Outline Research Education
Home page URL http://www.tmd.ac.jp/mri/bre/index.html


Title Name Researcher information
Professor OHTEKI Toshiaki
Associate Professor SATO Taku
Assistant Professor Masashi Kanayama
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 Our research projects focus on understanding the dynamic maintenance and transfiguration of homeostasis in the living body. Our goal is to define the homeostasis mechanism under conditions of health and disease. To accomplish this goal, we are trying to clarify the molecular basis of induction and failure of homeostasis by focusing on immune cells in particular myeloid cells (dendritic cells and macrophages), tissue stem cells, and their functional interplay in the immunological and non-immunological organs. On the basis of our findings, we will further pursue our research in the hope of developing new rational therapies for prevention and treatment of disease.
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1. Research on myeloid cells
1) Identification of novel sources of mononuclear phagocytes
 Mononuclear phagocytes contain monocytes, macrophages and dendritic cells (DCs). In a recent decade, it has been continuing epoch-making discoveries in the field of mononuclear phagocytes and their functions are now beyond classical Immunology and extend to broad life phenomenon, e.g. tissue development/regeneration, wound-healing, and establishment of tumor environments and various inflammatory diseases.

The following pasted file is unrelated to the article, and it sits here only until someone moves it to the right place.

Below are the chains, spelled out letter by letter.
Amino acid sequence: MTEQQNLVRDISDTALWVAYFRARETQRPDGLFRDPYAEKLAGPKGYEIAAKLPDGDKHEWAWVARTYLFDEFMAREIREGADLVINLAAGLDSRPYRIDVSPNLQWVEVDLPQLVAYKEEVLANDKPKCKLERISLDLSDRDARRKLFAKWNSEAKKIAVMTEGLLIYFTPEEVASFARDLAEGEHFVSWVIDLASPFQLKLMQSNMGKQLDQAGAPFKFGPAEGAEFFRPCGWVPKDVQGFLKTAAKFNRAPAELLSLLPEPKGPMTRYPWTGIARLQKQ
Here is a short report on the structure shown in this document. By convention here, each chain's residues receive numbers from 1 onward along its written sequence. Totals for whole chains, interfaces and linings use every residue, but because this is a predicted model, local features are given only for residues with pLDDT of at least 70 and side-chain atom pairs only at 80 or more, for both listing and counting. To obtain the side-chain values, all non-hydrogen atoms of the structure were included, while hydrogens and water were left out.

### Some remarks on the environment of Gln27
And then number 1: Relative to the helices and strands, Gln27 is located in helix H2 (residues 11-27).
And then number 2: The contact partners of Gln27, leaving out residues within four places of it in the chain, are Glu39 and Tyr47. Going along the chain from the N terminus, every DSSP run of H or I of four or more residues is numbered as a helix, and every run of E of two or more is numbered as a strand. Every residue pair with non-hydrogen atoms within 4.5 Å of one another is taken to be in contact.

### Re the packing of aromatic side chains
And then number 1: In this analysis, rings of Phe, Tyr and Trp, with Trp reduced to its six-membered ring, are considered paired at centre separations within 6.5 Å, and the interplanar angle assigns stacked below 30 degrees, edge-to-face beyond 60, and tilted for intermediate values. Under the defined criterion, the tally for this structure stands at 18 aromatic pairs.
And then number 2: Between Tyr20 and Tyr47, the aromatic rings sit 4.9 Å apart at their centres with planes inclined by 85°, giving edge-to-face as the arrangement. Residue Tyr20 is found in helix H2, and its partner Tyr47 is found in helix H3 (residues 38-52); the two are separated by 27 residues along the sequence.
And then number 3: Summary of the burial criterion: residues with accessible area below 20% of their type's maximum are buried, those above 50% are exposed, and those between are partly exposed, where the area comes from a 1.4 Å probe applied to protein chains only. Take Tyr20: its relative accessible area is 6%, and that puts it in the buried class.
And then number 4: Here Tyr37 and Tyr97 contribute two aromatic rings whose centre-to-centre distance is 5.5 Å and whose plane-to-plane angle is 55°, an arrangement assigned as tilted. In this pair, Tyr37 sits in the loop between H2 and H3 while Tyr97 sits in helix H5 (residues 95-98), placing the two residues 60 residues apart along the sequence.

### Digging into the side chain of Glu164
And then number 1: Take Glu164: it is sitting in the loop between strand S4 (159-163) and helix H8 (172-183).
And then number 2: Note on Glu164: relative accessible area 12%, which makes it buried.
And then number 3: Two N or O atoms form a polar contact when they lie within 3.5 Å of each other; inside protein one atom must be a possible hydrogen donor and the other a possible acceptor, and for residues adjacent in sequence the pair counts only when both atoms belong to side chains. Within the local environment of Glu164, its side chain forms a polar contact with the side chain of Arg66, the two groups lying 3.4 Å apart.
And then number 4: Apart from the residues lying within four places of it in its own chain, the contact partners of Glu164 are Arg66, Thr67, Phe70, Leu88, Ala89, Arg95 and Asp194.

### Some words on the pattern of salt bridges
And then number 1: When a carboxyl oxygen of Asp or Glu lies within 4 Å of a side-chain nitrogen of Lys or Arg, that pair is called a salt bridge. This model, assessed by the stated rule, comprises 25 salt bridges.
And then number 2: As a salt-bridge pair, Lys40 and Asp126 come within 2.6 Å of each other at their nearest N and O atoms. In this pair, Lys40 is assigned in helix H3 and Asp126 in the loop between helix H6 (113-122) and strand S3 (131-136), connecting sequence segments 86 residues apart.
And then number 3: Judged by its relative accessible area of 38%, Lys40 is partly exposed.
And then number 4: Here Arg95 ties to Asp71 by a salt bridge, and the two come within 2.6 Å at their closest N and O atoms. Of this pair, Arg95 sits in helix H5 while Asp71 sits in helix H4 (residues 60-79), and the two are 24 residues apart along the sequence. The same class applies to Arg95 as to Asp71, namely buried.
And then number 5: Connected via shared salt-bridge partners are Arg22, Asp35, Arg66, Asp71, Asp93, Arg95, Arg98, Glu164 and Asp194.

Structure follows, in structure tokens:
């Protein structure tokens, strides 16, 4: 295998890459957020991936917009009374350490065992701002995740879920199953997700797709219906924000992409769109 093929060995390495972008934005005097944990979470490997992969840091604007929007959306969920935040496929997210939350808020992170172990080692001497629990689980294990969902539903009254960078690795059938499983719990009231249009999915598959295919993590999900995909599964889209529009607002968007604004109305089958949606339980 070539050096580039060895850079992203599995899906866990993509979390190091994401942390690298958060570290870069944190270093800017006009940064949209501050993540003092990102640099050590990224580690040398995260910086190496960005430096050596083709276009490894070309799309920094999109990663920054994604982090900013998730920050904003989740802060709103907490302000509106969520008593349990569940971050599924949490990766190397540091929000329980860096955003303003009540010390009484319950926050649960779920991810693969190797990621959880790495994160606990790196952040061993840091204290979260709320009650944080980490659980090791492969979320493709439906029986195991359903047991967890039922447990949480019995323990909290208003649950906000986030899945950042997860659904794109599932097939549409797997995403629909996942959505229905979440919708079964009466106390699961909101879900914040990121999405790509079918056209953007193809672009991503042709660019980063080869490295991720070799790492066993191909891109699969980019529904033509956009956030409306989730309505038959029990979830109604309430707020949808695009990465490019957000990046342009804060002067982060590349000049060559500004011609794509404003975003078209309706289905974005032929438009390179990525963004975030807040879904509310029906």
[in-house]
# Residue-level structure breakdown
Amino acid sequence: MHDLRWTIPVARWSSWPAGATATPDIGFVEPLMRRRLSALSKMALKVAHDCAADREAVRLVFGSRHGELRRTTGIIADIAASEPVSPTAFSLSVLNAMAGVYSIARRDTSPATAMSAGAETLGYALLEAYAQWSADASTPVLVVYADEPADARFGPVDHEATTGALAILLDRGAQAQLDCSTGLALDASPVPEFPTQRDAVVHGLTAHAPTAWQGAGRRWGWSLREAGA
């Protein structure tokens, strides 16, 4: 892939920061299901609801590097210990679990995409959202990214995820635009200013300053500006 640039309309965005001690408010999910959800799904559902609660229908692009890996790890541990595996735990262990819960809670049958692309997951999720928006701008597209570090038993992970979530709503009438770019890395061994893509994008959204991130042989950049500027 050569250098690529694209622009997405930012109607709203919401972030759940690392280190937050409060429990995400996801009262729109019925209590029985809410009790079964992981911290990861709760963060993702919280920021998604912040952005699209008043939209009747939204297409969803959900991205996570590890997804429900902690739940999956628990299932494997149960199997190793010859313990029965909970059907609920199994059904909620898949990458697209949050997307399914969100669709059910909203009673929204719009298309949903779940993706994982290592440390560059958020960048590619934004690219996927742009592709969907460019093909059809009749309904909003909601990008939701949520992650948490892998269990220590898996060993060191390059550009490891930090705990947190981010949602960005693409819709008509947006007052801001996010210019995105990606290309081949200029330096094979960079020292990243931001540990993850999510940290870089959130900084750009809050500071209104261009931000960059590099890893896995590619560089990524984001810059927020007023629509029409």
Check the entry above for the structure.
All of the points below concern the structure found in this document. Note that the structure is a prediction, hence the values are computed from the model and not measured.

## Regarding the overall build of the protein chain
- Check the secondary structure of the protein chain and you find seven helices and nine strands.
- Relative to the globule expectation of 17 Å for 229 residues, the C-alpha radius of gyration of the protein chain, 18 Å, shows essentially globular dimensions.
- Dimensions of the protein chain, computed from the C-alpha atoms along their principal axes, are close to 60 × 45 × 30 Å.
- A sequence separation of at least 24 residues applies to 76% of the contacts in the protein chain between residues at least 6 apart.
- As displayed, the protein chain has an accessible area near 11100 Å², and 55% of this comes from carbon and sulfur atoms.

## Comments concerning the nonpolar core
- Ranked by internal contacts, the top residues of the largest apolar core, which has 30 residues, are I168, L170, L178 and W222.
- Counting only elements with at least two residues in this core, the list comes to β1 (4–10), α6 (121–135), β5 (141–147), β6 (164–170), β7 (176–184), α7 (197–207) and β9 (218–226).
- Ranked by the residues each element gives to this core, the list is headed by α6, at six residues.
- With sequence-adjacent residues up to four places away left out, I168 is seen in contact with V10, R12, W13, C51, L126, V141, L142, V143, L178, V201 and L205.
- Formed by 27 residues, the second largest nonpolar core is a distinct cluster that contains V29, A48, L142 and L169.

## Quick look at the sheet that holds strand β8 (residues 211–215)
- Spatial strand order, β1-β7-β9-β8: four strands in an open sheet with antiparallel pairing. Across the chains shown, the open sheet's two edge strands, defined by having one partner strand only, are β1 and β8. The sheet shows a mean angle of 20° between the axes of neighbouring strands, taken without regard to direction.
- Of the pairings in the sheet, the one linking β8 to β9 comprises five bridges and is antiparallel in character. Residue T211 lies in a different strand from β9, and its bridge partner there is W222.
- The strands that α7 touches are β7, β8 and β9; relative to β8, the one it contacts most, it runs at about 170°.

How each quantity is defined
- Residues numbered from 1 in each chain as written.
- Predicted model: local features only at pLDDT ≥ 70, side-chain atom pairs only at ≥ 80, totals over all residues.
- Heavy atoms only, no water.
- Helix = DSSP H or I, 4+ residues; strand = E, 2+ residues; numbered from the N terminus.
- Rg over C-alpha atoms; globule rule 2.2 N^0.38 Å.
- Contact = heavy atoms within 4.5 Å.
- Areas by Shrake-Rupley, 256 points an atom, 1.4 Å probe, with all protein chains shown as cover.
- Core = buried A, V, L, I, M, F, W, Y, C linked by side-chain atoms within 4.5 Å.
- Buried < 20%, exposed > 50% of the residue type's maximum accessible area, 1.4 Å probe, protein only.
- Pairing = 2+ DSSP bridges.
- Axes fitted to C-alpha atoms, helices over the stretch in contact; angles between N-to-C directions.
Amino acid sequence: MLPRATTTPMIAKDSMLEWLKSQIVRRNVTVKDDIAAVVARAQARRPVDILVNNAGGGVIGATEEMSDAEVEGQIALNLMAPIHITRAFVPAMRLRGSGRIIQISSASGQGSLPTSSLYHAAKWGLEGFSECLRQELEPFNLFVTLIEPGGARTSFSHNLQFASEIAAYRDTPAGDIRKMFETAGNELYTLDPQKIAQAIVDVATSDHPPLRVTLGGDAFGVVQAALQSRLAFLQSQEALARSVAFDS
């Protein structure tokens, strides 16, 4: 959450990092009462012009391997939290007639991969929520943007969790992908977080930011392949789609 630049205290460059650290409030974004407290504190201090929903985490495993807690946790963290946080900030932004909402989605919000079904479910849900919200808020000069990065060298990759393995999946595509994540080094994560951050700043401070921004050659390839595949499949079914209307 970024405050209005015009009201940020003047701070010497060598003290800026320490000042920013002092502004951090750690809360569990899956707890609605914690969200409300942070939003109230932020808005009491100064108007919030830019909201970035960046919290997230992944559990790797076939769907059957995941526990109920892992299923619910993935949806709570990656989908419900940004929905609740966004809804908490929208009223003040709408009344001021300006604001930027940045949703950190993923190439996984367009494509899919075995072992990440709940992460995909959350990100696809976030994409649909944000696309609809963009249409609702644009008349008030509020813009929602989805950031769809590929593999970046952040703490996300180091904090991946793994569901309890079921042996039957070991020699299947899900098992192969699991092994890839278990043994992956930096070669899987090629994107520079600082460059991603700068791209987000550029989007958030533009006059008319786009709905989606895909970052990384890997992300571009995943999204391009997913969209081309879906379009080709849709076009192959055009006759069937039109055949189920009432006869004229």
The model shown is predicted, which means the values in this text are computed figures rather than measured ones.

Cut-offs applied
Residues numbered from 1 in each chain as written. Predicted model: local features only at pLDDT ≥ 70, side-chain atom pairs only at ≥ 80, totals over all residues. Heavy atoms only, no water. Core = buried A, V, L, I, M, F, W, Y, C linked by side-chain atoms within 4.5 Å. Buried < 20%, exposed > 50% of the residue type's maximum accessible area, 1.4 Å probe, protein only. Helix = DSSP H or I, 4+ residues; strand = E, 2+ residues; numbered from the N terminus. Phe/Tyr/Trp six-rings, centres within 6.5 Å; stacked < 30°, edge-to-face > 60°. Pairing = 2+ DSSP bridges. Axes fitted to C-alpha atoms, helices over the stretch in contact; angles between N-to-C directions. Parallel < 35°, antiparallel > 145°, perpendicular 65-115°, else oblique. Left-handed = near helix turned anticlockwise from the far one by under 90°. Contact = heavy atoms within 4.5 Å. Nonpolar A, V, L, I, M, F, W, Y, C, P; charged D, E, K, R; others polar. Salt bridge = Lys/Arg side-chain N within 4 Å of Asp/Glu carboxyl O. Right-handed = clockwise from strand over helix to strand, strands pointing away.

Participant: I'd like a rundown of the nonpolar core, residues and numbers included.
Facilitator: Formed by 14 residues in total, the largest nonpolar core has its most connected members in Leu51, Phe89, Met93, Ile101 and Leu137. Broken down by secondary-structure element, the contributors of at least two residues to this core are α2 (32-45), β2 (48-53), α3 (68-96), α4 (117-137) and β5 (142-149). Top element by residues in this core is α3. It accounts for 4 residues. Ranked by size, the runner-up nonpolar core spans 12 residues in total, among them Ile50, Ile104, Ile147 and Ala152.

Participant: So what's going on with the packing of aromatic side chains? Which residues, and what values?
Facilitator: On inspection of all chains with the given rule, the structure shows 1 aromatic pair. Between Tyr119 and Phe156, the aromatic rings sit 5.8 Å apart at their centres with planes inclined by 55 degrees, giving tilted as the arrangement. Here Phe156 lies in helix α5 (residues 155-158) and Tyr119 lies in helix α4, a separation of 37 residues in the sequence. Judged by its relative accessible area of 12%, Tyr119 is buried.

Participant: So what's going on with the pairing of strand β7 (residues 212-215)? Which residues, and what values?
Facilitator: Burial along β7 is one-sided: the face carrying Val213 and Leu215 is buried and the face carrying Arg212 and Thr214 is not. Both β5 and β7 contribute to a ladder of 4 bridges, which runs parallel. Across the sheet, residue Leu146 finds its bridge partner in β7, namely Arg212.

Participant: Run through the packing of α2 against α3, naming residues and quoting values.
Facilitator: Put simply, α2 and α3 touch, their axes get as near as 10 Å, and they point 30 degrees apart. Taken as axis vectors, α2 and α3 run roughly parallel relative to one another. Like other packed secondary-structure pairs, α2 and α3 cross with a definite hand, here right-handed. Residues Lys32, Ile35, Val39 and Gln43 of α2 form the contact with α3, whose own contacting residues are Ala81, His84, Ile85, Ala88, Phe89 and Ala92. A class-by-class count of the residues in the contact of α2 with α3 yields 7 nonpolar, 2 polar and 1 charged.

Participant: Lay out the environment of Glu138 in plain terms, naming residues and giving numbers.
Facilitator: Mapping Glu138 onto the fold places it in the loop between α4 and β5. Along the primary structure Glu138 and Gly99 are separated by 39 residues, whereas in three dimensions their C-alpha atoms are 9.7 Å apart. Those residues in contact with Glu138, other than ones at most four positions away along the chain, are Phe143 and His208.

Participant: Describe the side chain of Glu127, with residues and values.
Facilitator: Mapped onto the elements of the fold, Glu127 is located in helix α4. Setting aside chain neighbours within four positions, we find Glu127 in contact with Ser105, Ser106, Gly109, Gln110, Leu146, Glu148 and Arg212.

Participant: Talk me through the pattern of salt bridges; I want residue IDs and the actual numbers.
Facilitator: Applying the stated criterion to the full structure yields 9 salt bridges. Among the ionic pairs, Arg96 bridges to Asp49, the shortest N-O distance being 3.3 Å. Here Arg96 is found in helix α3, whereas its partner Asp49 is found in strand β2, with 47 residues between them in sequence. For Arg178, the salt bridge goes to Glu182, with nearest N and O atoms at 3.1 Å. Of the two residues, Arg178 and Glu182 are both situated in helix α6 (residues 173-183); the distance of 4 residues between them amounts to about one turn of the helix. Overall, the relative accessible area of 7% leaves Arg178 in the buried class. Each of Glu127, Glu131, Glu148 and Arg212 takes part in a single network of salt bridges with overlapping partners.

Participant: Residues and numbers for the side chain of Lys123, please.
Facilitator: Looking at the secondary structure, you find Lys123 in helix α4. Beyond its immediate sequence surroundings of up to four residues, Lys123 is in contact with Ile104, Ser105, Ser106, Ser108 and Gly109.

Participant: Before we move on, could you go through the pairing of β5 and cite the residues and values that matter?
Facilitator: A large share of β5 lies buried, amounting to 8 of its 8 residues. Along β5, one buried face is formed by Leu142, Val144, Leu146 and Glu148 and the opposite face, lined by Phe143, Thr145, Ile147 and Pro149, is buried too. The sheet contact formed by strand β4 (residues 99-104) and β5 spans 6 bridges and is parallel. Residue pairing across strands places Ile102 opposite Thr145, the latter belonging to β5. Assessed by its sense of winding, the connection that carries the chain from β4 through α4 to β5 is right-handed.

DCs consist of conventional DCs (cDCs) and plasmacytoid DCs (pDCs), both of which play critical regulatory roles in the immune system. cDCs exhibit prominent antigen-presenting ability, whereas pDCs are characterized by their capacity to produce large amounts of type I interferons (IFNs). We have discovered the DC progenitors in the mouse bone marrow, and named common DC progenitors (CDPs) (Immunity 2013; Nat Immunol 2007). Interestingly, CDPs are divided into 2 subpopulations. One is M-CSF receptor (R)+ CDPs mainly producing cDCs, and the other M-CSFR-CDPs producing a large number of pDCs. In addition to CDPs, common monocyte/macrophage progenitors, cMoP, identified in the mouse bone marrow and spleen by other group in 2013.
Based on these achievements in mouse, we have been trying to identify human progenitors of mononuclear phagocytes, and most recently succeeded to identify human cMoP (Immunity 2017; Int Immunol 2018). Human cMoP gives rise to only monocytes but not other hematopoietic cells including DCs. Given that monocytes and monocyte-derived macrophages cause a variety of inflammatory disorders, including metabolic syndromes and tumor development, our studies shed light on possible therapeutic applications for infectious diseases, cancers and autoimmune diseases. Collaborations with pharmaceutical company and Department of Hematology of TMDU toward the development of therapeutic agents targeting cMoP and monocyte lineage and with Department of Pediatrics of TMDU for the pathology clarification of congenital pulmonary alveolar proteinosis (PAP) are currently in progress.

2) Mechanism of brain function impairment by spatiotemporal transformation of microglial enhancer